Leslie Musselwhite filed a complaint June 5 in Cook County Circuit Court, alleging the defendants failed to properly perform a cervical epidural steroid injection (ESI) procedure.

According to the complaint, the plaintiff was administered the injection between June 28, 2012, and Sept. 7, 2012, allegedly resulting in fungal meningitis and causing Musselwhite permanent pain and rendering him disabled.

The plaintiff requests a trial by jury and seeks more than $50,000 plus costs. He is represented by Charles A. Hornewer of Hornewer Law Firm LLC in Chicago.

Cook County Circuit Court case number 2018-L-005820
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Thursday, June 14, 2018

Compounding Outbreak

FDA’s investigation into Guardian’s compounded triamcinolone-moxifloxacin drug product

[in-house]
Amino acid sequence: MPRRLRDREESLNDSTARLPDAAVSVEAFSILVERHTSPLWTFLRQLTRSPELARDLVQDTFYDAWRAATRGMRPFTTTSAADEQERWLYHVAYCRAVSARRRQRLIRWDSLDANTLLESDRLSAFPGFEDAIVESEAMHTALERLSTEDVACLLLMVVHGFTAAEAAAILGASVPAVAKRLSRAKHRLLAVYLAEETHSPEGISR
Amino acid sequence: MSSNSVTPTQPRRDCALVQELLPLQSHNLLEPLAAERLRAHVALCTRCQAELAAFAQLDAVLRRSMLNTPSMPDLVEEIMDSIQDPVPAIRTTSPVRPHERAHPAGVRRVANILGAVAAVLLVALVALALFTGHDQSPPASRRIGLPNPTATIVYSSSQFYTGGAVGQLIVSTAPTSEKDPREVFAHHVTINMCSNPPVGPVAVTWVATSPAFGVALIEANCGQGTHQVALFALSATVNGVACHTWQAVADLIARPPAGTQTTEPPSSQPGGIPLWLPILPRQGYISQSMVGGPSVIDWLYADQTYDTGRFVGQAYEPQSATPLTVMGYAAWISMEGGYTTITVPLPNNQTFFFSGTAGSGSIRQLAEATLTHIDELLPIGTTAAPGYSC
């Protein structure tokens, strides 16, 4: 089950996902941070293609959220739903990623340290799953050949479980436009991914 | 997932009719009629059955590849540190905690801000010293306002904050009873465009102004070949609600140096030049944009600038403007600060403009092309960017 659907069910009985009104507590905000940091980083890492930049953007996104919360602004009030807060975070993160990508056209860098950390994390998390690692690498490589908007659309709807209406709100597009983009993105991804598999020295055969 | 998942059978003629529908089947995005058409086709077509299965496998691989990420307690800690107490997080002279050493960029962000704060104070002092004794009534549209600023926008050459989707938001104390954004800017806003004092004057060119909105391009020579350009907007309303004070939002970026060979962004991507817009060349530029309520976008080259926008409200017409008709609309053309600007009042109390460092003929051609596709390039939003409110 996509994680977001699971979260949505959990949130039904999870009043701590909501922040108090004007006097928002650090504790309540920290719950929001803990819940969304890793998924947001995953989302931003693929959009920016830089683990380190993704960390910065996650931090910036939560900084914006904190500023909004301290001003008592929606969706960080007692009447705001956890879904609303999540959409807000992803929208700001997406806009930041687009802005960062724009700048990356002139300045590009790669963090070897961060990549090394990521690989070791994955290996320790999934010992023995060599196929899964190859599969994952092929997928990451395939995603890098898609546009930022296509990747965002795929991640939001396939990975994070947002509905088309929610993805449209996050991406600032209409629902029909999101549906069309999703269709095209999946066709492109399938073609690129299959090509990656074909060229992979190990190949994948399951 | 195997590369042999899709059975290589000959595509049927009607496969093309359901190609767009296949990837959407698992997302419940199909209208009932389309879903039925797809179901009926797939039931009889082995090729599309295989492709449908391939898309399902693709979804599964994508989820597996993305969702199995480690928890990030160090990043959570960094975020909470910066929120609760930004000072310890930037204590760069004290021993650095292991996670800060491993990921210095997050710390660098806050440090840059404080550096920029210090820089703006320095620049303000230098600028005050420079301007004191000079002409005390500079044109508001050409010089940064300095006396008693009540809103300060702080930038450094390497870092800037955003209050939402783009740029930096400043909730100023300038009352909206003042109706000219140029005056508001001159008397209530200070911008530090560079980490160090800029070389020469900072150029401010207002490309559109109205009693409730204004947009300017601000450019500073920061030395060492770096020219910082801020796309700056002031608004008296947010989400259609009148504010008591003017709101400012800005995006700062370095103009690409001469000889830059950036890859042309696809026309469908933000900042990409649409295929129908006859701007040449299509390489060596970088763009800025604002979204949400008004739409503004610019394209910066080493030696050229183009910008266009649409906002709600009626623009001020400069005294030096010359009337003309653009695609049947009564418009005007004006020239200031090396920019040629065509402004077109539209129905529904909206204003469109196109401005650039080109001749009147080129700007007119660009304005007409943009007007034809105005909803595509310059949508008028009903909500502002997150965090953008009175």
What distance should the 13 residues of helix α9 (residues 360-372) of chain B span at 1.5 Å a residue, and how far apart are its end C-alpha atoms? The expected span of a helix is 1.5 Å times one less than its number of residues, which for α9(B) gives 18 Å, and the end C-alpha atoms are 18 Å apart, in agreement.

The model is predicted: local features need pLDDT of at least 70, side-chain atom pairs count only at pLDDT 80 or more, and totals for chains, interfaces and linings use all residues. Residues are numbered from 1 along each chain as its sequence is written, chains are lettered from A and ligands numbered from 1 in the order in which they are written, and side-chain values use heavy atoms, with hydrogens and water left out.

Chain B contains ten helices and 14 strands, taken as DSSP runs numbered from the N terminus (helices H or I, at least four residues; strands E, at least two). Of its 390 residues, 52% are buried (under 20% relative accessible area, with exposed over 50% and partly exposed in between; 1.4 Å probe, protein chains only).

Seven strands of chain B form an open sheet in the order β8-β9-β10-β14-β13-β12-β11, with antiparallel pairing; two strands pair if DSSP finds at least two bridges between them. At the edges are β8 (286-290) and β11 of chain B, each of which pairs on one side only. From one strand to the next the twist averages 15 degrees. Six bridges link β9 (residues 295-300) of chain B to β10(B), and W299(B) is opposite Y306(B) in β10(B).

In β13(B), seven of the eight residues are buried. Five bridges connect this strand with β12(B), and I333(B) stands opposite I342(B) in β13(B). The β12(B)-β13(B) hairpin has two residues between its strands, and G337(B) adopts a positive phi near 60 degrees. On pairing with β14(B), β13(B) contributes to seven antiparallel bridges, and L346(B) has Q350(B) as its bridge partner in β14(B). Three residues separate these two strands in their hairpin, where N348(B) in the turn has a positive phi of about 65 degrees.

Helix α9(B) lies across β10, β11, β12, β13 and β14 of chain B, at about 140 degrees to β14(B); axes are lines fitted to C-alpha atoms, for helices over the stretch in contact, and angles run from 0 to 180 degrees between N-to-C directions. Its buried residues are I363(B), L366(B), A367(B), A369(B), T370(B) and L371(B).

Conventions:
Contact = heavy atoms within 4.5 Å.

Update: June 14, 2018

On July 28, 2017, FDA alerted health care professionals of adverse event reports concerning at least 43 patients who were administered intravitreal (eye) injections of a drug containing triamcinolone acetonide (steroid) and moxifloxacin (anti-infective) compounded by Guardian Pharmacy Services in Dallas, Texas. The patients reportedly experienced various symptoms, including vision impairment, poor night vision, loss of color perception, and significant reductions in best-corrected visual acuity and visual fields. As part of its investigation into these adverse events, FDA collected and tested samples of Guardian’s product to identify and quantify the substances contained therein. FDA also prepared and tested in-house samples to assess the impact of autoclaving and sonication, which were used by Guardian during its compounding process, on the stability of the drug product. Below is a description of the test results and the agency’s analysis of those results.

For more information, please visit: Guardian's compounded triamcinolone-moxifloxacin investigation.

Tuesday, June 12, 2018

Owners Sought to Save Sister Drug Firm

By Walter F. Roche Jr.

Even as a federal investigation was heating up, the owners of a Massachusetts drug compounding firm launched a last ditch effort to save a sister firm also facing regulatory scrutiny.